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Putting Faith in Trusts and Dispelling their Myths

Putting Faith in Trusts and Dispelling their Myths

April 16, 2024

Trusts are an important part of an overall estate plan, but as helpful as they can be, there are a fair
number of misconceptions about them. We dispel those myths.

Trusts are an important part of an overall estate plan, and should not be overlooked
For the average investor, setting up a trust with your estate attorney as part of estate planning can
make a lot of sense. For wealthy investors, it can be nearly essential. So why then do only 33% of
Americans have a will or living trust? [1] Truth is, as helpful as trusts can be, there are a fair number
of misconceptions about them — and those misconceptions can get in the way of taking action.

The beauty lies in the benefits
Trusts come with benefits for both the trustor as well as their heirs. The latter part of this
makes sense when you think of the purpose of a trust. Trusts don’t simply ensure your assets are
distributed according to your wishes, they ensure how the assets are distributed.
Unlike a will, the provisions of a trust are private and not subject to probate. This means:

  • Privacy — for you and your beneficiaries. Your
    information and legacy remain confidential, out
    of the public eyes of a court.
  • Potentially improve the distribution of assets.
    Going through the court process can take a fair
    amount of time. In addition to that, it comes
    with its own share of fees.
  • Setting up a trust may be less expensive than
    the cost your loves one may incur with the
    probate process. That’s because probate-related
    fees to the attorney and the court and can add
    up quickly.

Beyond avoiding probate court, protection is another benefit of setting up a trust. This
protection can play out in two ways with a revocable trust. First, when you pass away, the
assets can continue to be held for the benefit of your beneficiaries — protected from creditors and
divorcing spouses.
A trust is controlled by you while you’re living. Should you become incapacitated, the successor
trustee should ensure you have the care you need. The responsibility of the successor trustee is to
manage the assets and make payments on your behalf.

Common misconceptions about trusts
Because of the complexities that go with trusts — from the different kinds to the highly detailed laws
that govern them, there are a number of myths that are associated with trusts.

Myth 1: Trusts are expensive
Truth is, when you compare the cost of creating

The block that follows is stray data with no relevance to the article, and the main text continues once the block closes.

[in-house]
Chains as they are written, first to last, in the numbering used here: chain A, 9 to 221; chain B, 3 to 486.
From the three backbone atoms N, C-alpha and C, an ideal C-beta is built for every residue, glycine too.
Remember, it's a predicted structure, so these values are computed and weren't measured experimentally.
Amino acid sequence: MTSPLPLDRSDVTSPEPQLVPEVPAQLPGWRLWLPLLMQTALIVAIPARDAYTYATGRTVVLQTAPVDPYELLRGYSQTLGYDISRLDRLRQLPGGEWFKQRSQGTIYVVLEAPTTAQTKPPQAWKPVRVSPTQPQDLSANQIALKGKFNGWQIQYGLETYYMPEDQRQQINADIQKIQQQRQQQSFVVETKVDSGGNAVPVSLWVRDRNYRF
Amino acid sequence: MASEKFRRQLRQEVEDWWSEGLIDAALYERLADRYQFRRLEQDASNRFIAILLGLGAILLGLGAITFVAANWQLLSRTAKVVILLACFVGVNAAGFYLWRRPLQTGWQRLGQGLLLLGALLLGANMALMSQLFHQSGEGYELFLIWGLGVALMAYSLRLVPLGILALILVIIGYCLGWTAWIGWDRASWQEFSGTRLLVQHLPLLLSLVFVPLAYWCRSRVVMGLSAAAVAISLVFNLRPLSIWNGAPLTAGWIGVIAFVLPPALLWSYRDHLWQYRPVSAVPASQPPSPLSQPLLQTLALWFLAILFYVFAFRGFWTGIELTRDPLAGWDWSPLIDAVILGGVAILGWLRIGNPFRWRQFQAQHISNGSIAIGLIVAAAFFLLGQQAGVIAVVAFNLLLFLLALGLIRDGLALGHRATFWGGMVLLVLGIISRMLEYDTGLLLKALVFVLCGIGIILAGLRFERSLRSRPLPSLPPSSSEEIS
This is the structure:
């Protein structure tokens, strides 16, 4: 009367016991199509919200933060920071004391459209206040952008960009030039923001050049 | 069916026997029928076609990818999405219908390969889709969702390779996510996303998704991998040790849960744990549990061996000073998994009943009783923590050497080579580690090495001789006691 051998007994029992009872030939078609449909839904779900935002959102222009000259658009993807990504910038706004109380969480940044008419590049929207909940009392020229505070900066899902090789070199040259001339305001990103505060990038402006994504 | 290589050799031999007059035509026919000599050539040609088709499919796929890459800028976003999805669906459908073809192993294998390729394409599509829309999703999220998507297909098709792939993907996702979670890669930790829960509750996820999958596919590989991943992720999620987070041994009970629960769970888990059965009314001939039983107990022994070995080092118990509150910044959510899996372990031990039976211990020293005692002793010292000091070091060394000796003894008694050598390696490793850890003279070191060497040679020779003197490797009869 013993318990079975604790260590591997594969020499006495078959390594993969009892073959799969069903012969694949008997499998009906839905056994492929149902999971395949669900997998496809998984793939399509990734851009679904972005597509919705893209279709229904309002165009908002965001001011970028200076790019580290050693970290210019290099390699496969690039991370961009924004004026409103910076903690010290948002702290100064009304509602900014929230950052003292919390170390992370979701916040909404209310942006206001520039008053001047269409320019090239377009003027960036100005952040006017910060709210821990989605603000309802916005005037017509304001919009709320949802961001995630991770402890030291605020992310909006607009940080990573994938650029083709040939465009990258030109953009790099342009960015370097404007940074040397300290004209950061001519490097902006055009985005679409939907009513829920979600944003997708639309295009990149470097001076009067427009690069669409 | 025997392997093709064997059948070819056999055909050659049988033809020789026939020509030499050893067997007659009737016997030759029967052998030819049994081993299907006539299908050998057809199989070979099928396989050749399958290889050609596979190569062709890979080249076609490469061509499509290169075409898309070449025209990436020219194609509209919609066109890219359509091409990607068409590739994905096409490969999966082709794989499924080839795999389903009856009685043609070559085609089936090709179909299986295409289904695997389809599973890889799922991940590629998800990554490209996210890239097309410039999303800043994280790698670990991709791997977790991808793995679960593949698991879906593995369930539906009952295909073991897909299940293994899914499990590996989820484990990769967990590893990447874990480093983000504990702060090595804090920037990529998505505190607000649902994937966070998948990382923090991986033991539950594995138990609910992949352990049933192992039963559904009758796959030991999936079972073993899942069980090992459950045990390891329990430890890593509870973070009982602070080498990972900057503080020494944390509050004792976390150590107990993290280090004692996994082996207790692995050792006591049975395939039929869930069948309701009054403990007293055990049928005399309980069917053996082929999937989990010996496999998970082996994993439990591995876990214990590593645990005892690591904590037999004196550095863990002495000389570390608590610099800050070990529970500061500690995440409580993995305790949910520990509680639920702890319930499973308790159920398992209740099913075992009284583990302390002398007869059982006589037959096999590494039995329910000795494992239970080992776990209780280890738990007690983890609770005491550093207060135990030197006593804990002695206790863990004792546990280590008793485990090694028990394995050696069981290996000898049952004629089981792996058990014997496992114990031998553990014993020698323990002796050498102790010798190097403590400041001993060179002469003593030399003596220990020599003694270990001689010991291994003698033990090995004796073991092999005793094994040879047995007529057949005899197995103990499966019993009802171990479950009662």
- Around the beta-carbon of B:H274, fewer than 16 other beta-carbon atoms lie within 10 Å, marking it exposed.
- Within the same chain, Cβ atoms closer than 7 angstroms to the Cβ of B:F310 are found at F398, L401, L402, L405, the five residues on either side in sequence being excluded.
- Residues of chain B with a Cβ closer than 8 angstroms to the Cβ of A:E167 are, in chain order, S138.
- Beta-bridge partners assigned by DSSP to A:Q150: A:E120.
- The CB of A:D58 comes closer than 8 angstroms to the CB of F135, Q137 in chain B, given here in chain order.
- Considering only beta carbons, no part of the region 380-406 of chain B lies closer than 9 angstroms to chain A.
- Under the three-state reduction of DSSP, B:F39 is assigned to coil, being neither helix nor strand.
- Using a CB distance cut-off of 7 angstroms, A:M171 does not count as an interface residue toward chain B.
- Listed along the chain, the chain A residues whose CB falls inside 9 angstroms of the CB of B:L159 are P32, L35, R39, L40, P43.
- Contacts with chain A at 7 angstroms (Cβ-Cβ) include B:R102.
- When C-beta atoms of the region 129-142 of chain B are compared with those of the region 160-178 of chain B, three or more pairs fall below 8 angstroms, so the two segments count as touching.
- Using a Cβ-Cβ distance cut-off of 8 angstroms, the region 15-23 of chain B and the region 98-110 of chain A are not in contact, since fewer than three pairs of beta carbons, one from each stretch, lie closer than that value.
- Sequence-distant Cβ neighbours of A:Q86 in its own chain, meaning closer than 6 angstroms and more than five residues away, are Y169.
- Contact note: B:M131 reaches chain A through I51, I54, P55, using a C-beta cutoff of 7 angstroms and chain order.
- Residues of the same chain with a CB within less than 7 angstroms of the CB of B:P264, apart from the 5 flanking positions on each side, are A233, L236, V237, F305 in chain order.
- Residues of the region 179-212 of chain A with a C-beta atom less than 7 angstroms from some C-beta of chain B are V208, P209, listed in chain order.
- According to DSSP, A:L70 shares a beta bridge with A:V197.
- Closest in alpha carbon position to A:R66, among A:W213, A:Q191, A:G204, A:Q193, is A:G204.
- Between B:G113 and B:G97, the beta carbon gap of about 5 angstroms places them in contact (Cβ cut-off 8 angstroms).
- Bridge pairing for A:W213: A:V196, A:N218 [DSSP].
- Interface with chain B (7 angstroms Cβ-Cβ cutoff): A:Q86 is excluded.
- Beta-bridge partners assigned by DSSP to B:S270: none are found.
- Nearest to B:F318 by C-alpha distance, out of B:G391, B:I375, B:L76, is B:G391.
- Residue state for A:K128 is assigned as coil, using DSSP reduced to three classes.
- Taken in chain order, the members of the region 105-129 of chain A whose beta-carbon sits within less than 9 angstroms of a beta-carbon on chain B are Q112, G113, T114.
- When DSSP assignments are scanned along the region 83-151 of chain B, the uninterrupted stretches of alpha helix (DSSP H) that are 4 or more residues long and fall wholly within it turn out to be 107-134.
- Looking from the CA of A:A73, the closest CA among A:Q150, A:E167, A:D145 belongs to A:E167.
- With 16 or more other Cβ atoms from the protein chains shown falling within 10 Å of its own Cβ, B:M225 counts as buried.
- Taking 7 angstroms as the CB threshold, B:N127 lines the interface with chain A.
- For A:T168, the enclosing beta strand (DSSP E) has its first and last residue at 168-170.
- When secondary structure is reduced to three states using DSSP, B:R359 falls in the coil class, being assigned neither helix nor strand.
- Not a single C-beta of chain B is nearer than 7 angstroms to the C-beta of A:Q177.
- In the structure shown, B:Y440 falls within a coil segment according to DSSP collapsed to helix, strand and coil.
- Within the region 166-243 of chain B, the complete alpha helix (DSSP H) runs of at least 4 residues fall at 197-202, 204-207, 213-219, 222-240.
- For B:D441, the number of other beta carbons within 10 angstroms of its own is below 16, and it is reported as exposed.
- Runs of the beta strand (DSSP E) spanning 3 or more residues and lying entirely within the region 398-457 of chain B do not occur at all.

a trust to the costs associated with probate (e.g.
probate court and lawyer fees), probate may be
the more expensive of the two.

Myth 2: All assets should be put in a trust
Not necessarily. There’s a process for distributing
the assets in a trust, so it will take time. If there
are loved ones who will need money immediately,
those funds may be something to leave out of
the trust. The most common designations are to
individuals — for example, all to a spouse or in
equal shares to children. However, a trust also
can be named as an IRA beneficiary, and in many
instances, a trust is a better option than naming
an individual.

Myth 3: If you have a trust, you don’t need a will
Continuing the idea from myth two, a will is
needed to deal with any assets left out of a trust
that do not convey via beneficiary or transfer on
death designation. So to be sure all assets are
distributed as intended, even those left out of
trust, a will should always be in place.

Myth 4: Trusts ensure that my heirs will avoid probate court
Trusts can enable your estate to avoid probate, but
a poorly drafted trust can result in probate court.
Similarly, assets owned outside of the trust may
still be subject to probate. Working with our experienced
Paralegal is key.

Myth 5: All trusts offer tax advantages
Remember, there are different kinds of trusts.
So while some do offer tax advantages, not all
do. Revocable trusts in particular offer no tax
advantages and do not require a separate income
tax return during the trustee’s life.
These are a handful of just some of the myths
that create an air of confusion. And given the
technical complexity of trusts, it’s easy to see how
myths lead to misconceptions. If anything, that’s
all the more reason to talk with me and I can partner with 
you and our on staff Paralegal. Reach out to 
learn more

[1] 2022 Wills and Estate Planning Study

Cobalt Unlimited and LPL Financial do not provide legal advice or services. Please consult your legal advisor regarding your specific situation.